Please forgive any errors in the following as I’m sitting in an airport in Florida and trying to post this before I have to board. I just spent the past four days in Providence, Rhode Island, at the City and Regional Magazine Association’s annual conference.
According to Dan Brogan, president of the CRMA, 2009 was the year of the hamburger (he said just a few years ago that it was all about steak). People were cutting back last year, and this was reflected in the articles magazines printed. But I felt like the consensus of the 2010 CRMA conference was that of guarded optimism. I talked to an employee of B-Metro, a magazine that was created last year by a five-member staff who felt Birmingham magazine wasn’t providing its readers the right content. I asked her if last year was really a great time to launch. She smirked and asked, “When is it a great time to launch?”
Although many mentioned not having layoffs recently, they all did admit that if someone leaves, generally they haven’t replaced the position.
And though the economy was a topic of great interest, the thing that stole the show this year was Next Issue Media’s Robyn Peterson’s presentation. Five media giants gathered and said, “We’ve got to do something about this whole future of journalism/technology thing.” Thus NIM was born. With two board members each from Time Inc., Hearst Corporation, CondÃ© Nast, Meredith, and News Corporation, NIM is diving headfirst into creating magazines for tablets.
Time, which has already launched its first edition on the iPad, was a great example to look at. But the more inspiring project was Wired‘s first edition. Wired wants 75 to 85 of its pages to have interactive elements. Peterson, who was really vague on some things and mentioned about 100 times that he couldn’t “release that information,” said in order to create Wired’s iPad edition, there was a 30 to 50 percent increase in production. The issue is half a gig.
Time’s iPad edition is a bit more doable for regular magazines as it only required three to six more production people and took about 12 hours to do. But Time doesn’t create both a portrait and landscape layout. Portrait is mainly a photo with text flowed in whereas landscape is a complete redesign of the page from the magazine.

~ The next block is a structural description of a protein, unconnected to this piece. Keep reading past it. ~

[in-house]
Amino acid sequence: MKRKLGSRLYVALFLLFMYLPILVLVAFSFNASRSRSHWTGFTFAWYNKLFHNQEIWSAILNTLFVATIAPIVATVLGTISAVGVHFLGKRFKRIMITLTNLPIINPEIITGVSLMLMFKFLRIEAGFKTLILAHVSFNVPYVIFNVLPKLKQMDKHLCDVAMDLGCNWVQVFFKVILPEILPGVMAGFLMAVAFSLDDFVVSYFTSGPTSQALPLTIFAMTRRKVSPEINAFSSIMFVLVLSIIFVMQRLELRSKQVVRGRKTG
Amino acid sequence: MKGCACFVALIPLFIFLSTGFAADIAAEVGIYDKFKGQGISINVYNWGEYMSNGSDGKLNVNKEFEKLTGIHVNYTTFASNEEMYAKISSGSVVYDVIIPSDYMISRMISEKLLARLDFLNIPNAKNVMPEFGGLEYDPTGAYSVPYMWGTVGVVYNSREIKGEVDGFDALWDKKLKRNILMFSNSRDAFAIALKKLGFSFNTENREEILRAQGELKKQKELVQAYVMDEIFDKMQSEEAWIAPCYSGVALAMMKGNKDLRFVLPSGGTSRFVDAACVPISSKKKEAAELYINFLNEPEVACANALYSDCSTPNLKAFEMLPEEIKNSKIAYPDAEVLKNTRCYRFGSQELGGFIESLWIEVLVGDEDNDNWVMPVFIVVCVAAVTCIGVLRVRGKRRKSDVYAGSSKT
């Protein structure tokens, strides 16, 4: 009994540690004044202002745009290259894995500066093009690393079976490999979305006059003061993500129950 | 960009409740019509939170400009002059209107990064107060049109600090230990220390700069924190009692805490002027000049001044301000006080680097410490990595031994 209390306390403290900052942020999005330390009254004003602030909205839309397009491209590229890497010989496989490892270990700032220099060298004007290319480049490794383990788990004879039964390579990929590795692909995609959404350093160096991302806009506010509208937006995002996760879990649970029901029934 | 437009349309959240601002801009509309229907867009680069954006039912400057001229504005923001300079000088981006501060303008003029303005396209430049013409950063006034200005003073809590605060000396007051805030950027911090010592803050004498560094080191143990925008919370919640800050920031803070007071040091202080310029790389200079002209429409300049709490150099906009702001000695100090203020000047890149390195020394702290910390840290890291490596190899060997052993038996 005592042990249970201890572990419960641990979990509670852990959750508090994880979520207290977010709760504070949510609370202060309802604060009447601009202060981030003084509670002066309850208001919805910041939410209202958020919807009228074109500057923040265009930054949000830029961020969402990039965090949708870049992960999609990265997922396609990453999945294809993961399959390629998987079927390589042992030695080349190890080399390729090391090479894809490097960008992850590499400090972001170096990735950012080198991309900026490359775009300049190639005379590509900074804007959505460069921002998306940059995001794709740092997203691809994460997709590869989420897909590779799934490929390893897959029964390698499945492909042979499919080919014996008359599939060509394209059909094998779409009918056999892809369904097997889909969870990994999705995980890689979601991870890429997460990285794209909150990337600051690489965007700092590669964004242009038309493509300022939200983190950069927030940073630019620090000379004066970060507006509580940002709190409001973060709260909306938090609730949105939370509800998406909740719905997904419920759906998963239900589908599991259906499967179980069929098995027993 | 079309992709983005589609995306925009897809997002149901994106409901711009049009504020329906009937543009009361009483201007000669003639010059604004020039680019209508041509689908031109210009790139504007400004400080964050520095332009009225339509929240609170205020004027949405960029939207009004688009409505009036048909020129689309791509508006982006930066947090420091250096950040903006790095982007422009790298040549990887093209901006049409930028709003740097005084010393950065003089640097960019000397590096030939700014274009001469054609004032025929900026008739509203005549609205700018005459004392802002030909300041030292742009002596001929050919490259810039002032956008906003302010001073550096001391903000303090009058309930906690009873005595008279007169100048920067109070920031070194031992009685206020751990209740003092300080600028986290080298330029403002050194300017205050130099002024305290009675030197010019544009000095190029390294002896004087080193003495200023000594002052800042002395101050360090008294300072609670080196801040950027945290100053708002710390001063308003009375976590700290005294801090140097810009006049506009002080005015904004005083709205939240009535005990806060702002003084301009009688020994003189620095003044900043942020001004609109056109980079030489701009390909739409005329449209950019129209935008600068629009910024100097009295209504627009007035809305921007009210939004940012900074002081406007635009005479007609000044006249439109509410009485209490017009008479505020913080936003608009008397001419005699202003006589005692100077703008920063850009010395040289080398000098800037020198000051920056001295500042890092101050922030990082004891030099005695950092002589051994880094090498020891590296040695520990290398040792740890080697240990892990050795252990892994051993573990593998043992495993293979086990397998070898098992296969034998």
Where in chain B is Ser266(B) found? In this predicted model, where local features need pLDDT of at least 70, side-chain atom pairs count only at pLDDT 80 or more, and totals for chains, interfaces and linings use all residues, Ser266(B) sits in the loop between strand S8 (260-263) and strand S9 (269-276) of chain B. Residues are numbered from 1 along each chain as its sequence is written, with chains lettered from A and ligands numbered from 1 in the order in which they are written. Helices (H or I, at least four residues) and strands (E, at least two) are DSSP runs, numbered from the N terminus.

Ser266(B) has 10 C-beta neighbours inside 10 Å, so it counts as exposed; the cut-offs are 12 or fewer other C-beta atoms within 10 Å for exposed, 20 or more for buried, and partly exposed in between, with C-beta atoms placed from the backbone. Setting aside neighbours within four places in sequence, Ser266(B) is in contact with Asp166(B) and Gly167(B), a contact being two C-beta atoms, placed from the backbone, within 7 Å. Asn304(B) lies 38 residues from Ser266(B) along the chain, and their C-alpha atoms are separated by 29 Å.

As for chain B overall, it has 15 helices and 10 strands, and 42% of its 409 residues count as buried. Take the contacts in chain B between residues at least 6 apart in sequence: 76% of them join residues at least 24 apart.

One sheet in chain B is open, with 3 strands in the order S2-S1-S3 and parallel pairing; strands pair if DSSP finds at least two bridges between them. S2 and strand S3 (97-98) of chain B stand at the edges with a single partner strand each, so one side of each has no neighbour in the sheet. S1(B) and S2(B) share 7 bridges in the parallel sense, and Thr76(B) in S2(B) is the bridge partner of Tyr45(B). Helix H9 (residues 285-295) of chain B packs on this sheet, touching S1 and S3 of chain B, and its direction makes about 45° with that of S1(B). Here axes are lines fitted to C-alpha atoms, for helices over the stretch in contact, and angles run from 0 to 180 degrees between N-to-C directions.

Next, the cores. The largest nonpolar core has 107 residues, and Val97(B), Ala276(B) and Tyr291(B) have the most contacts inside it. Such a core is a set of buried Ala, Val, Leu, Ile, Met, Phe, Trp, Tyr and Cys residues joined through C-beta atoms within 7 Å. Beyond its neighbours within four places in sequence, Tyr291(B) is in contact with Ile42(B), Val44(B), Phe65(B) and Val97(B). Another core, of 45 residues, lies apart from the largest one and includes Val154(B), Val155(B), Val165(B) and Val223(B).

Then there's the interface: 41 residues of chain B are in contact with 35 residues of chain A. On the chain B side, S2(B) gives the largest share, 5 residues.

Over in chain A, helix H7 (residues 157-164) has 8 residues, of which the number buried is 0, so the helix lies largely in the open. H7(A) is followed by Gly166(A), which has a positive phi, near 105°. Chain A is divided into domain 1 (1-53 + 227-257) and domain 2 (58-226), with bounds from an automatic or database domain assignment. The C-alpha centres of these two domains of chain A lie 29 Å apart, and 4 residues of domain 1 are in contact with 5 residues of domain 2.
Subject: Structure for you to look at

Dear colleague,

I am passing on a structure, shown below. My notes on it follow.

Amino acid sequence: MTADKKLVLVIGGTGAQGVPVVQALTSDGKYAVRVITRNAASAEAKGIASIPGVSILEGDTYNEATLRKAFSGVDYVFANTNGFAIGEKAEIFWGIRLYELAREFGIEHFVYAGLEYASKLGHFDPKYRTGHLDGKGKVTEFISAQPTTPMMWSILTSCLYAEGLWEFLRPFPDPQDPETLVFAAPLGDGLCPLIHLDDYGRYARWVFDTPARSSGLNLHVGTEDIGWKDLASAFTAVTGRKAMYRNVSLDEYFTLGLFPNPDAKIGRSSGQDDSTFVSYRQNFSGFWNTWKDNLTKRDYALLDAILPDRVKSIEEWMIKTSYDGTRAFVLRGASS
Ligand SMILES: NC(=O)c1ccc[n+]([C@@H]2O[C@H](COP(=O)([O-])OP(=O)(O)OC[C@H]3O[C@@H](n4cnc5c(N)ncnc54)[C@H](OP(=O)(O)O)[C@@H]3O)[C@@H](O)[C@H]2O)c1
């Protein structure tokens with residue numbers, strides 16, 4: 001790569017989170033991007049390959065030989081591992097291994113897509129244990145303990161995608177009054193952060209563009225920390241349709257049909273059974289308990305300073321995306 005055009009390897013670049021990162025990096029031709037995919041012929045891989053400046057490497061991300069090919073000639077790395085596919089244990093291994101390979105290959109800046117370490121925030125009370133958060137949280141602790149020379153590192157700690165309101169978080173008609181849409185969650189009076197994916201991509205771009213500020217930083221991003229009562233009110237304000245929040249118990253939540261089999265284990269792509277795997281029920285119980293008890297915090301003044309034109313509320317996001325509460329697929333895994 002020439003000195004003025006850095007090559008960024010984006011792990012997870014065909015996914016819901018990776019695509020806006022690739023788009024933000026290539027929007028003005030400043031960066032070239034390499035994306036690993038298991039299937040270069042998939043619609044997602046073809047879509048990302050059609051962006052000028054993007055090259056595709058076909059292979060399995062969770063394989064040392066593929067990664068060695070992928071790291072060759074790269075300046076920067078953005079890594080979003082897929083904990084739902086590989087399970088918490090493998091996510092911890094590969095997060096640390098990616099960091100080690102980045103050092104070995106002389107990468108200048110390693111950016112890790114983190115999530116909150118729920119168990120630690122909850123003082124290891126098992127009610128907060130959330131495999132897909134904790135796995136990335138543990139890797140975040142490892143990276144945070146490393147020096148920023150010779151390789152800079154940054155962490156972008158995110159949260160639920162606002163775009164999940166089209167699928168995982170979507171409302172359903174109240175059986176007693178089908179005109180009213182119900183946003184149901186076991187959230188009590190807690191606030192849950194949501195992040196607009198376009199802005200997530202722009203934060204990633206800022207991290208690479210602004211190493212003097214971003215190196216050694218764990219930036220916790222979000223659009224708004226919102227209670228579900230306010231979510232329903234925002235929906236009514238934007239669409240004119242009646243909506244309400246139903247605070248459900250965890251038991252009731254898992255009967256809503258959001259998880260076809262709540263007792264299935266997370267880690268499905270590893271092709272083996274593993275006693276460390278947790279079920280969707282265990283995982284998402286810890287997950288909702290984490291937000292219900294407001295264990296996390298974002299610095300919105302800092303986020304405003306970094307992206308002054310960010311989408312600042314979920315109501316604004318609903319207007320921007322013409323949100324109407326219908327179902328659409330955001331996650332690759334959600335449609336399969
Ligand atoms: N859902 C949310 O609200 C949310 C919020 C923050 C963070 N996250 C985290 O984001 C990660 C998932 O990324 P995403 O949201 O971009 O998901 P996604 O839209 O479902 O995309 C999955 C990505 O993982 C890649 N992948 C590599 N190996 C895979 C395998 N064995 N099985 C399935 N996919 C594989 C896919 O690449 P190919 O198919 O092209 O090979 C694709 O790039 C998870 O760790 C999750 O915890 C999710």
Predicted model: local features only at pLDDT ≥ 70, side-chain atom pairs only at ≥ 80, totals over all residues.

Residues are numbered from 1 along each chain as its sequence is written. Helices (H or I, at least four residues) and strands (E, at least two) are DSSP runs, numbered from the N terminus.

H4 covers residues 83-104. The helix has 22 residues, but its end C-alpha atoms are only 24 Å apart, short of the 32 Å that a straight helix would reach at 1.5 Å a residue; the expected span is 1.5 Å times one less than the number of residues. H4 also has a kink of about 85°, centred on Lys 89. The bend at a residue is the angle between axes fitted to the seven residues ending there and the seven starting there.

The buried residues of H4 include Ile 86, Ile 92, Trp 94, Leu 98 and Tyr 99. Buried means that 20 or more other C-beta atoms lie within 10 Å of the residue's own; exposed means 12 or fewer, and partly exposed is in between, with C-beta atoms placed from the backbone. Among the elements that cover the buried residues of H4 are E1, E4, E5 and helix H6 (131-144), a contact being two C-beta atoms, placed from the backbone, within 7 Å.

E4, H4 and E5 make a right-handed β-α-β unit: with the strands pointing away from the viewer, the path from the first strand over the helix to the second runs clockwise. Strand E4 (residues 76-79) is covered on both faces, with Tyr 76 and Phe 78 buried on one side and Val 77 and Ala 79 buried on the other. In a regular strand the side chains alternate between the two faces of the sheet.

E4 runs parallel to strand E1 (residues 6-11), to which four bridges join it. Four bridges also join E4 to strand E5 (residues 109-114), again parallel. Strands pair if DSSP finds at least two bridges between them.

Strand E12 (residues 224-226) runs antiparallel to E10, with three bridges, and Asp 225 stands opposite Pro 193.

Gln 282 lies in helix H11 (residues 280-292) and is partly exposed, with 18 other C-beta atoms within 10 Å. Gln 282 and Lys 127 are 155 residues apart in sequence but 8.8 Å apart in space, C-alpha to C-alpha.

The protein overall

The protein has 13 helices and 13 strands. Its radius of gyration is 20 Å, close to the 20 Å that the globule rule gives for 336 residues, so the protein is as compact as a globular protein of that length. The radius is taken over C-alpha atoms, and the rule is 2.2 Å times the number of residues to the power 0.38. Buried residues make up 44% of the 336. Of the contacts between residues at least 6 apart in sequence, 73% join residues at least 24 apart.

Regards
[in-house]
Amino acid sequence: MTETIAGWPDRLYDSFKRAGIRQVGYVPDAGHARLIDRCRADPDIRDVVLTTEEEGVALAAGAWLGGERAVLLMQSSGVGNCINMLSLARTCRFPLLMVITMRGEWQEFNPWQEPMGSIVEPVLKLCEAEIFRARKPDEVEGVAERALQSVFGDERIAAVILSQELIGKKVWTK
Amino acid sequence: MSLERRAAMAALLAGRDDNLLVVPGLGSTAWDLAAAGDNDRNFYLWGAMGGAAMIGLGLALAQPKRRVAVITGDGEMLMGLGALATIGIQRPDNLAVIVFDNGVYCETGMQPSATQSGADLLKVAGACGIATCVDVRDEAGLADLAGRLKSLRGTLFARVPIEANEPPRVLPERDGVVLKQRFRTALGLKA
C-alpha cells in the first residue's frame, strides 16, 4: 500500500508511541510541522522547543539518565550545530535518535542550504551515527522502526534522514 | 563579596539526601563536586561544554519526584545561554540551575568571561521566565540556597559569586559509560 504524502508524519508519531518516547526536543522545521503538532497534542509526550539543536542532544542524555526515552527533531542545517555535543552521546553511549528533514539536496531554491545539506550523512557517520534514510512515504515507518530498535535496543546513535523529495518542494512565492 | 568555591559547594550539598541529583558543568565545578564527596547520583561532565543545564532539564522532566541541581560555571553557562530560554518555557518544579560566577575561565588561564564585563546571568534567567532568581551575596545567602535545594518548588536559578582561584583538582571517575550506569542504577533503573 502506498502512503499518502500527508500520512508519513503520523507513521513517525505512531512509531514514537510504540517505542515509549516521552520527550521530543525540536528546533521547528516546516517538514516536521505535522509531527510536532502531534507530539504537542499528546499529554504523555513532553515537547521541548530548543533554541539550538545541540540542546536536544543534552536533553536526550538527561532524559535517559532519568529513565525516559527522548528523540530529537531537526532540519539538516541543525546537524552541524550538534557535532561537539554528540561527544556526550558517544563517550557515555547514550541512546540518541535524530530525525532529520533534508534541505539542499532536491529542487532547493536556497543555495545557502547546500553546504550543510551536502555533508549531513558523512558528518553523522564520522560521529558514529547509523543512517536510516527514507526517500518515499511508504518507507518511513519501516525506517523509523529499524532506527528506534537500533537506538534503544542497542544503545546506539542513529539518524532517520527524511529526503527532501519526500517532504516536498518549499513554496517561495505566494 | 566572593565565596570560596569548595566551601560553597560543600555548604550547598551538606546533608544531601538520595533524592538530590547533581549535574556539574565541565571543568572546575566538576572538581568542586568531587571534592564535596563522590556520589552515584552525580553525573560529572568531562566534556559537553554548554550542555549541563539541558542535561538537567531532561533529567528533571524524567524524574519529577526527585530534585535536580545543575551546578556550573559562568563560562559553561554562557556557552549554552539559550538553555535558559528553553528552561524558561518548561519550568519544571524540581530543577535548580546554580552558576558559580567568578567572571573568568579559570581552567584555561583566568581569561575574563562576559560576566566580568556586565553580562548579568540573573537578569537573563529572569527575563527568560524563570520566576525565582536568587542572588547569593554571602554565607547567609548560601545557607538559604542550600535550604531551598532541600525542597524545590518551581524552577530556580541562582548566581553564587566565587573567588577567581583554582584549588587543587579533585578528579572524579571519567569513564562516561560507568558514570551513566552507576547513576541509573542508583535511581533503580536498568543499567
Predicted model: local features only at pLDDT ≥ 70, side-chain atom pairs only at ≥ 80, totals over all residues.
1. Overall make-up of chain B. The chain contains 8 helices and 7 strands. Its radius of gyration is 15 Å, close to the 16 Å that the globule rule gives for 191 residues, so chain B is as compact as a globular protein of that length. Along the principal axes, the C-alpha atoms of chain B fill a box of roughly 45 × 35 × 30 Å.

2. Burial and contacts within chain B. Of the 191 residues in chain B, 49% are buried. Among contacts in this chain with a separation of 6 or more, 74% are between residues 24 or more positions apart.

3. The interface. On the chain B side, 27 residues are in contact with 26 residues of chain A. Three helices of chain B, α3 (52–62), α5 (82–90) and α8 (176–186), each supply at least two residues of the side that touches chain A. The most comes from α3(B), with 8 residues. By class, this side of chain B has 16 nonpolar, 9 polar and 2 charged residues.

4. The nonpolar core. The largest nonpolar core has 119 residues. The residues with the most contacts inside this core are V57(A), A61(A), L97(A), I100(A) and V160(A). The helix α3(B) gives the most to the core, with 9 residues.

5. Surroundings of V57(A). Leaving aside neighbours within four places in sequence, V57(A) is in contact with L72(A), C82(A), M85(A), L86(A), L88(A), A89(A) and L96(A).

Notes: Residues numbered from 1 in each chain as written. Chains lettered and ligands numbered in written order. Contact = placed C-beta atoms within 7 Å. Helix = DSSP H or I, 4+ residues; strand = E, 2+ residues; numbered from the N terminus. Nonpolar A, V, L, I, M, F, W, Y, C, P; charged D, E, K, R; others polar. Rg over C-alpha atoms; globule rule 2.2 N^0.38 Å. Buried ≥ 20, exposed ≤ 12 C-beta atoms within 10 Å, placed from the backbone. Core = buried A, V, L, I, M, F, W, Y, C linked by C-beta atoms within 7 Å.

Some people in the audience were excited about this potential. Others were beyond skeptical. (One participant asked Peterson if his company really thought tablets were the future. His example was Wii Fit and how everyone was so excited about it when it came out and now what? Peterson said he just used Wii Fit. It didn’t appear as if he’d considered the possibility that tablets wouldn’t be the future.) Some were skeptical about the practicality for smaller magazines. Others didn’t think people would be interested. At the end of about three hours of presentations on this topic, the lady next to me leaned over to her friend and asked, “What does he mean by a link?”
But as I was sitting at the airport this morning, I noticed the man next to me had an iPad. He’s an author, and he’s 63 years old. He says he’s canceled his subscription to the Times and to his local paper and now reads them all online. He has countless books on his iPad. He thinks – and I think – this tablet thing is here to stay.
But the conference wasn’t all about the iPad. We were given the opportunity to hear Chris Jones talk about a couple articles he’s written for Esquire (one on Rogert Ebert and one that follows a soldier’s body home). It was a fantastic Q&A session where we learned that while writing, Jones likes to listen to music. While writing “The Things That Carried Him,” Jones listened to one particular song 256 times. The article was supposed to be 6,000 words but was turned in at 22,000. Jones also wasn’t afraid to admit he’s willing to cry with a source.
We also listened to New York magazine restaurant critic Adam Platt and Los Angeles magazine restaurant critic Patrick Kuh. The two discussed how, when they were new in their careers, they would furiously take notes at the restaurant. Kuh said he bought a black notebook and would take it with him. His wife was always his dining companion. They would sit at the table and he would pretend to be interviewing his wife, when in reality, he was ignoring every word she said so he could write down his thoughts on the food. Platt also takes his wife along. But instead of using a notebook to keep track of his thoughts, he uses his iPhone. When he decided to switch to the iPhone, his wife told him, “Well, you can either look like a critic or look like an asshole.” He chose the latter.
A couple predictions for this year are: 2010 will be the year of the tablet, and video and voice will be all the rage at next year’s conference.
The big winner at last night’s awards ceremony was Texas Monthly with eight awards. Los Angeles magazine and Chicago both did well with four wins each. One of the highlights of the night was when little guys Hudson Valley Magazine beat out Los Angeles, Texas Monthly, and the Washingtonian to win the Civic Journalism category.
I saw Brian Sweany from Texas Monthly lugging his eight winning plaques and 19 finalists plaques up to his room. I asked if he needed help. He said no. I think he heard me talking about stealing some plaques.
I would go on, but a man keeps coming over the intercom at the airport to say, “If you lost your shorts, please come to the info desk,” and it’s distracting me.